Italy: Venice, Cinque Terre, Florence, & Rome

In early October I went on a two week trip to Italy with my family.  We went to Venice, the Cinque Terre, Florence, and Rome. We started out in Venice and stayed at this beautiful airbnb outside of the main square. It was conveniently located near several main vaporetto stops. Vaporettos are the “bus” system used in Venice, but instead of a bus it’s a boat. One of my favorite things to do there was just take a vaperetto ride, which you could do anytime if you bought a 2 or 3 day pass, for about $30. I loved Venice, but I would suggest you stay away from St. Mark’s square or Rialto Bridge if you want to avoid crowds. I have never seen crowds like that before. And so many Aperol spritzes! If you get even 20 minutes outside of the main square walking, you can find a completely quiet Venice.

I absolutely loved going to St. Mark’s Basilica and listening to a Rick Steves tour. One tip on going to the Basilica that saved a ton of time was that you can reserve your entry time online, up to 10 minutes in advance, and bypass the enormous line outside. One day we took a boat to the Islands of Burano and Murano, which were both really beautiful. If you go, head straight to Burano, and hit Murano on your way back, which will save you a lot of time waiting for a vaporetto. I also really enjoyed the 4 hour food tour we went on. We were able to try so many kinds of cicchetti and learn about Venetian culture.  Cicchetti is a Venetian specific style of food, very similar to Spanish tapas. Supposedly mostly eaten by the younger generation, who don’t make time to cook anymore. They just eat the small bites in bars on their way home. We also had a farm to table 4 course dinner at CoVino. Thank you New York Times for the suggestion. I would also recommend seeing the Doge’s Palace as a place to not miss!

Next stop was the Cinque Terre, which took about 6 hours to get to from Venice by train, with three transfers. We stayed at this amazing hotel, Hotel Villa Adriana, which I would go to again in a heartbeat. It was so beautiful, and served the most delicious Italian breakfast spread, with all types of cheeses, meats, and pastries. Very reasonably priced too, as I had a little single room for about $100 a night. The Cinque Terre was my favorite of all of the areas we visited in Italy, because it was all food, boats, swimming, and hiking. My favorite food I tried of the whole trip was there too, the fish cone! The specialty of Riomaggiore, is fried fish served in a paper cone, of course. Each of the 5 towns are connected by trails, trains, and boats, so it is very easy to get between them. My friend Gwen had joined us for this portion of the trip, and we would easily lose track of time swimming, or eating in one of the villages.  I did end up hiking between Corniglia and Vernazza solo, which was supposed to be the easiest of the hikes, taking only an hour. We spent a lot of time swimming in Vernazza and Manarolla as well, which both have wonderful places you can take a dip. One evening we headed over to Levanto for dinner, which seemed like the quieter of all of the towns, and technically isn’t one of the 5 Cinque Terre towns. This would be the type of place that Italians might stay on vacation, it seems a little more low key, with less tourists.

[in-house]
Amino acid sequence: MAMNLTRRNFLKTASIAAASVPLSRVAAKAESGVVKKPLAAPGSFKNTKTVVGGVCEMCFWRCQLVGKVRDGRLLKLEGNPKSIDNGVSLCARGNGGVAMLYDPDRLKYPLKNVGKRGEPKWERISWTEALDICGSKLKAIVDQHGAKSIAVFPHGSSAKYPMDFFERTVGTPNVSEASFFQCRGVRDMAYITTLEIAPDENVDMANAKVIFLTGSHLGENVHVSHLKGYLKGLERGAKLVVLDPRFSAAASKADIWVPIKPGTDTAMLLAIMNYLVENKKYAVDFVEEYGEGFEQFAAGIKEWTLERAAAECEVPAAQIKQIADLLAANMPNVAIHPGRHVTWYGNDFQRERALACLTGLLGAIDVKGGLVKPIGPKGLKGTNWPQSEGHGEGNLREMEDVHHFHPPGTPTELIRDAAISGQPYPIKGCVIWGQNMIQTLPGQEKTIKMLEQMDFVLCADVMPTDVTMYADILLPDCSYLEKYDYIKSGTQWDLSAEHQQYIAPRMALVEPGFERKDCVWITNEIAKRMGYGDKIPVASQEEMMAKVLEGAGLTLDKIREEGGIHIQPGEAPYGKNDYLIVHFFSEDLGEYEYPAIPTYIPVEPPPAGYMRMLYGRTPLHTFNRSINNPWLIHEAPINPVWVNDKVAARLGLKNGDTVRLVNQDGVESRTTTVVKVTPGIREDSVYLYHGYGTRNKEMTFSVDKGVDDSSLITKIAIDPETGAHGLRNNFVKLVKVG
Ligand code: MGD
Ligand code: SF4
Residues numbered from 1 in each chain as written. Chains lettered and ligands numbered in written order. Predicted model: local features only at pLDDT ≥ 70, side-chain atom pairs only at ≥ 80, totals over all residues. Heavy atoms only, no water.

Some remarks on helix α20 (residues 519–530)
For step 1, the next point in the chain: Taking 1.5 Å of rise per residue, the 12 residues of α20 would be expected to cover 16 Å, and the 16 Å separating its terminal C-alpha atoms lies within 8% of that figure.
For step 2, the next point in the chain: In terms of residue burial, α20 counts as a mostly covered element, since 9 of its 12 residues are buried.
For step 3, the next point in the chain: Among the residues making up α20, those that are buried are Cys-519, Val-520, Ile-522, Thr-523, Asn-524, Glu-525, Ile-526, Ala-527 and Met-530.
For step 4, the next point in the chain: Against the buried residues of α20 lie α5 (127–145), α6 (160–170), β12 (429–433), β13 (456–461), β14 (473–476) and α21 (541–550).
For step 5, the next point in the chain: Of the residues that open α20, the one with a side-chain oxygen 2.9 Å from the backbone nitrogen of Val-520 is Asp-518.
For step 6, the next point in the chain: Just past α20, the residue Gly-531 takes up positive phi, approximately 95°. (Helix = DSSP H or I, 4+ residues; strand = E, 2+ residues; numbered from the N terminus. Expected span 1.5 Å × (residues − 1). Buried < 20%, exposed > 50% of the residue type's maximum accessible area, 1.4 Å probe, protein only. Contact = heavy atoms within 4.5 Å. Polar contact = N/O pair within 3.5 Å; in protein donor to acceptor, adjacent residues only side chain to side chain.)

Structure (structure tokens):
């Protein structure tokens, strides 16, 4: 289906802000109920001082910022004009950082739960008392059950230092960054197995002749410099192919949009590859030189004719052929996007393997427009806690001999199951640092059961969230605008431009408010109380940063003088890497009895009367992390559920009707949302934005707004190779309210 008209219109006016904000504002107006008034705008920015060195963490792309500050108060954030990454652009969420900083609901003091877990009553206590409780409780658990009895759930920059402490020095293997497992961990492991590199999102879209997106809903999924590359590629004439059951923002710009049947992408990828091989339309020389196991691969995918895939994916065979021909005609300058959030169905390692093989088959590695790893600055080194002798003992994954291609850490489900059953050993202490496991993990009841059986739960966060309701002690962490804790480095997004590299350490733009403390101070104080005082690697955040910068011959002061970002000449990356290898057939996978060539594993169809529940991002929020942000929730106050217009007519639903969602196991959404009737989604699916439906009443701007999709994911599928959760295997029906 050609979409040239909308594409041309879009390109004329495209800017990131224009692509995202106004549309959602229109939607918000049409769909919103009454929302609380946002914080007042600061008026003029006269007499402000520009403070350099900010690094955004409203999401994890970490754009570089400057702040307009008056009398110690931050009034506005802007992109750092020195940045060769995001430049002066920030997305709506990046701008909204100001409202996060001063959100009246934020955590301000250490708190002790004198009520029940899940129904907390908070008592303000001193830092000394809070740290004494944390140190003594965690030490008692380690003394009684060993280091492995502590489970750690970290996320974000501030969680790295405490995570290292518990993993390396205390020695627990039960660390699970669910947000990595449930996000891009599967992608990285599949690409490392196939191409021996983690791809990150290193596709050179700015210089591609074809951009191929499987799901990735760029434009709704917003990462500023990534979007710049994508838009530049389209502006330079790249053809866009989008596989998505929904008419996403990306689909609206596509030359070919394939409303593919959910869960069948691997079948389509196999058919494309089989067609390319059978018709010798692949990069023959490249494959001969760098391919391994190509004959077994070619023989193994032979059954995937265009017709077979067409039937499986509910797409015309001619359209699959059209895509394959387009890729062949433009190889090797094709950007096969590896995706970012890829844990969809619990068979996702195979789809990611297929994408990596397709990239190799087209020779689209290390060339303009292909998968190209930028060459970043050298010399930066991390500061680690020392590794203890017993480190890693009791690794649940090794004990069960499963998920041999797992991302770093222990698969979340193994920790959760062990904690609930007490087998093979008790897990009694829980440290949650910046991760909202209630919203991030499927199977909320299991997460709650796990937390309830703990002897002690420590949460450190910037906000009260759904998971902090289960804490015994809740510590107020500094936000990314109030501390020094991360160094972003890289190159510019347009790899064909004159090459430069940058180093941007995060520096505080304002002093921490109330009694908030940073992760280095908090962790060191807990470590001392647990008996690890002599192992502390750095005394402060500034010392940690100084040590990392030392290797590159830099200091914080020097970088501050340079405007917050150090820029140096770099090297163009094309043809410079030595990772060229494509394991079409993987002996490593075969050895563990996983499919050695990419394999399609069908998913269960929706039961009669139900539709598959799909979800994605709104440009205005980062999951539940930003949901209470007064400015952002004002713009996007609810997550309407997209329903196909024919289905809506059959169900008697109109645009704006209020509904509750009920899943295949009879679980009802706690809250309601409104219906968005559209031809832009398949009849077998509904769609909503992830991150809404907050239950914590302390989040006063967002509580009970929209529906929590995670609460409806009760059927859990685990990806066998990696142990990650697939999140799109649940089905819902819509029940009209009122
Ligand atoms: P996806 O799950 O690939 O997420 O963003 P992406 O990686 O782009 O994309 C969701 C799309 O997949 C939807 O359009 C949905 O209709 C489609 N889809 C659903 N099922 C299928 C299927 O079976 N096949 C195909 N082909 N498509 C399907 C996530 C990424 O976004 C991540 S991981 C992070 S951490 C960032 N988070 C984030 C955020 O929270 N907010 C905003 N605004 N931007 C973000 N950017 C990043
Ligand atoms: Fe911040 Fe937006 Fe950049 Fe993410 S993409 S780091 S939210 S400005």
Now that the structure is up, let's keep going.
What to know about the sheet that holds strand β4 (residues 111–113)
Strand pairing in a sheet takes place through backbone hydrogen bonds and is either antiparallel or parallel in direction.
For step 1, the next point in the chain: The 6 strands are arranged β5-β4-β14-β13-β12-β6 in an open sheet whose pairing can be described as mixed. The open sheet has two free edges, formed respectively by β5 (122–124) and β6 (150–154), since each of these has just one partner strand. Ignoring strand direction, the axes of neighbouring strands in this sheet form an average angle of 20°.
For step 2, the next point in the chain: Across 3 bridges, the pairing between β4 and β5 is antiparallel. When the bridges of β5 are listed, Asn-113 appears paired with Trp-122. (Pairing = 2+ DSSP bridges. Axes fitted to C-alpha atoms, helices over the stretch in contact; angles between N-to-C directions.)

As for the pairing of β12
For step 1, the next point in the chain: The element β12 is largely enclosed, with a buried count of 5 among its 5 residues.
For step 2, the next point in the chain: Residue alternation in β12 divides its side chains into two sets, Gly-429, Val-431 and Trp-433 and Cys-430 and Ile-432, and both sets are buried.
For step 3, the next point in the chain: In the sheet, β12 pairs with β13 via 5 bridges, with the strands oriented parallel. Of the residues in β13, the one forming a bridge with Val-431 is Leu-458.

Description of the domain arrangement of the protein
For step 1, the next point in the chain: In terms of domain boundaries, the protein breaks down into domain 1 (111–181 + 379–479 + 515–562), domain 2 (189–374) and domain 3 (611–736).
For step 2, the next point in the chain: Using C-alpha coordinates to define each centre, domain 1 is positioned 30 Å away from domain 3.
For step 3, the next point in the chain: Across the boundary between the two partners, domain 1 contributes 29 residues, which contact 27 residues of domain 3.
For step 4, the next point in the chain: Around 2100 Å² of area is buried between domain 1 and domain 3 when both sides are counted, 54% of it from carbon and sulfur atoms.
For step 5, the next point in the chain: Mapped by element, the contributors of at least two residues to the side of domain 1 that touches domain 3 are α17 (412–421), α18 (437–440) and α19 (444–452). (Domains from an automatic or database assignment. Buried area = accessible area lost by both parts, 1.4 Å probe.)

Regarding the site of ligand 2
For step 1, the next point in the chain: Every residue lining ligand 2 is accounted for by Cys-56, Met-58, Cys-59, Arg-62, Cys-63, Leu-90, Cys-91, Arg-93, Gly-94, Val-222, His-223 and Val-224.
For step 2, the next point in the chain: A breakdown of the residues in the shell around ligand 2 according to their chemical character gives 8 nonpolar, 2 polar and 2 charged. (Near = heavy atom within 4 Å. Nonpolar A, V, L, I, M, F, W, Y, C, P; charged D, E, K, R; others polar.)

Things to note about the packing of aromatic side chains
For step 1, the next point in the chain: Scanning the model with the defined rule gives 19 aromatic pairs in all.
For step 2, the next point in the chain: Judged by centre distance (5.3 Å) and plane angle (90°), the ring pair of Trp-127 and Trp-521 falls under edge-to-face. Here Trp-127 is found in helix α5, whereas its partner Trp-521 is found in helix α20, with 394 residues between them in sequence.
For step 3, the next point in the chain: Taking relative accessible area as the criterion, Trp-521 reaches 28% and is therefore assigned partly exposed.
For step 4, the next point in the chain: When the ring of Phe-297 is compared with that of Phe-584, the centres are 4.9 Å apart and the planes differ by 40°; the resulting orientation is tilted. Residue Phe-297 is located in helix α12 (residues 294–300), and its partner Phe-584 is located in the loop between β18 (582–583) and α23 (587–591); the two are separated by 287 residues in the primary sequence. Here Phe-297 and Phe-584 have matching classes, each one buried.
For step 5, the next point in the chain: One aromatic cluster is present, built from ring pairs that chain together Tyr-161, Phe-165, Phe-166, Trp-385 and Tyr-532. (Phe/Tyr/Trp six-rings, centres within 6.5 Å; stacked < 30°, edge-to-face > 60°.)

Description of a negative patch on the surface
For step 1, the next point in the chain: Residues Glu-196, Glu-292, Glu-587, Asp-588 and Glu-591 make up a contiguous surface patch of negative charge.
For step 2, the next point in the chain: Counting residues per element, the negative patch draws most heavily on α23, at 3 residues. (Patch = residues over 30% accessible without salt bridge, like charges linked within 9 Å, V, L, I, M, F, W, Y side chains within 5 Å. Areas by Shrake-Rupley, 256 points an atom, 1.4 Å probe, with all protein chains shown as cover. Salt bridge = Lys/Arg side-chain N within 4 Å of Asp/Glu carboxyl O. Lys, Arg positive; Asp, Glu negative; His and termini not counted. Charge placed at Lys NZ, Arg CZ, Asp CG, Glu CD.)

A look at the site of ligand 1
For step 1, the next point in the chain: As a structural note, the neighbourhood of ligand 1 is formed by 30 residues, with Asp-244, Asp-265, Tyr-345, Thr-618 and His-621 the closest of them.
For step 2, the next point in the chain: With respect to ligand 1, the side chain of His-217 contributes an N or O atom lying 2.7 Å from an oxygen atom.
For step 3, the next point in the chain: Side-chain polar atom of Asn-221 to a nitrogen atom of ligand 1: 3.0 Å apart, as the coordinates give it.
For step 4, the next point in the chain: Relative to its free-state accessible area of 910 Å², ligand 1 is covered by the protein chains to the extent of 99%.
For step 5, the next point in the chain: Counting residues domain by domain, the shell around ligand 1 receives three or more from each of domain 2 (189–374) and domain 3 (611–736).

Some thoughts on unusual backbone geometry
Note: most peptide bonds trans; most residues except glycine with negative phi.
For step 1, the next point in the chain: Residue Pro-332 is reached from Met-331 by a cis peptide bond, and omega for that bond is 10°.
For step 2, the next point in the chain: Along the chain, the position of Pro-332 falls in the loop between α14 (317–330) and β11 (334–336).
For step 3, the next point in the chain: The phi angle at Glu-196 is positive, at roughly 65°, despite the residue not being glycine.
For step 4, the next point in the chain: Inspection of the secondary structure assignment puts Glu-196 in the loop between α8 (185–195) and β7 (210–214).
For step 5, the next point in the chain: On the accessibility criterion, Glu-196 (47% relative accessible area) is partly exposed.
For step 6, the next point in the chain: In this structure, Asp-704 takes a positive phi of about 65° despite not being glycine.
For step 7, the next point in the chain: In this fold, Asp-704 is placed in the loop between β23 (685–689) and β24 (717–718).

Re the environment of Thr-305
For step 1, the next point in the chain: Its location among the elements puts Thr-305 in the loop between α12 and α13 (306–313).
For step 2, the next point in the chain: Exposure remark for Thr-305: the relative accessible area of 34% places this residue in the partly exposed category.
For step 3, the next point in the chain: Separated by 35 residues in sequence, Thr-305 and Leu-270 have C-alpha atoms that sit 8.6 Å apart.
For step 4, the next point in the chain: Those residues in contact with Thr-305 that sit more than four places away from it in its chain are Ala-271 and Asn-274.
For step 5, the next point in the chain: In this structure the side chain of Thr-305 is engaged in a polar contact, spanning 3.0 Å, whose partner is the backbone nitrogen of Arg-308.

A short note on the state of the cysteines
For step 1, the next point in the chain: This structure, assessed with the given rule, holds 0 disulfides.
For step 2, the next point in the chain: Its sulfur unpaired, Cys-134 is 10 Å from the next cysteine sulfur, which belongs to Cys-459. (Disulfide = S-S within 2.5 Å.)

After the Cinque Terre we headed to Florence. Again, we totally scored with our place, thanks to my Dad! Hotel Il Bargelino was wonderful as were the hosts. One full day in Florence we did touristy attractions, we went to the Uffizi, the Duomo, and the Accedemia. It was pertinent that you book a time for entry well in advance for each of these. You cannot climb to the top of the duomo without this, and there is a long line to enter the Uffizi, even with a reservation. I cried while seeing the Birth of Venice. My friend and I commented how helpful it was at the Uffizi to have downloaded the Rick Steves audio guide in advance. In Florence we really enjoyed the art of the long dinner. Typically Americans will go to dinner at 7pm and eat until 9pm, and then the Italians will head out for their dinner around 9:30. It winds up being beneficial to the restaurants since they can have two dinner services. Florence claims to have created gelato, so we at plenty of that there, though I can’t say that’s much different than the rest of our trip.

While my sister, her husband, and my friend Gwen headed their separate ways, my parents and I ended the trip in Rome. It’s funny, looking back now,  I think at a certain point I stopped taking pictures with my actual camera in Florence. I have hardly any on camera from Rome. In Rome, again we stayed at the most lovely VRBO. We had a 2 bedroom apartment, and our host was so gracious. Again, I would highly recommend staying there. In Rome we spent a full day at the Vatican, taking a tour of St. Peter’s Basilica and the Sistine Chapel, we ended the day with mass at the Vatican, which was a remarkable experience. We then headed to see the Spanish Steps, and the Trevi Fountain, and I had the best gelato of my trip, at Don Nino. I would say to not miss the Trevi Fountain at night! The next day we did a full half day tour of the Colosseum, Forum, Palatine Hill, and we headed to the Pantheon, upon my insistence. I really didn’t want to head back home without seeing it. We sure did make sure we hit all the sights in the two days we were there. It was definitely a busy, yet unforgettable few days spent with my parents in Rome.

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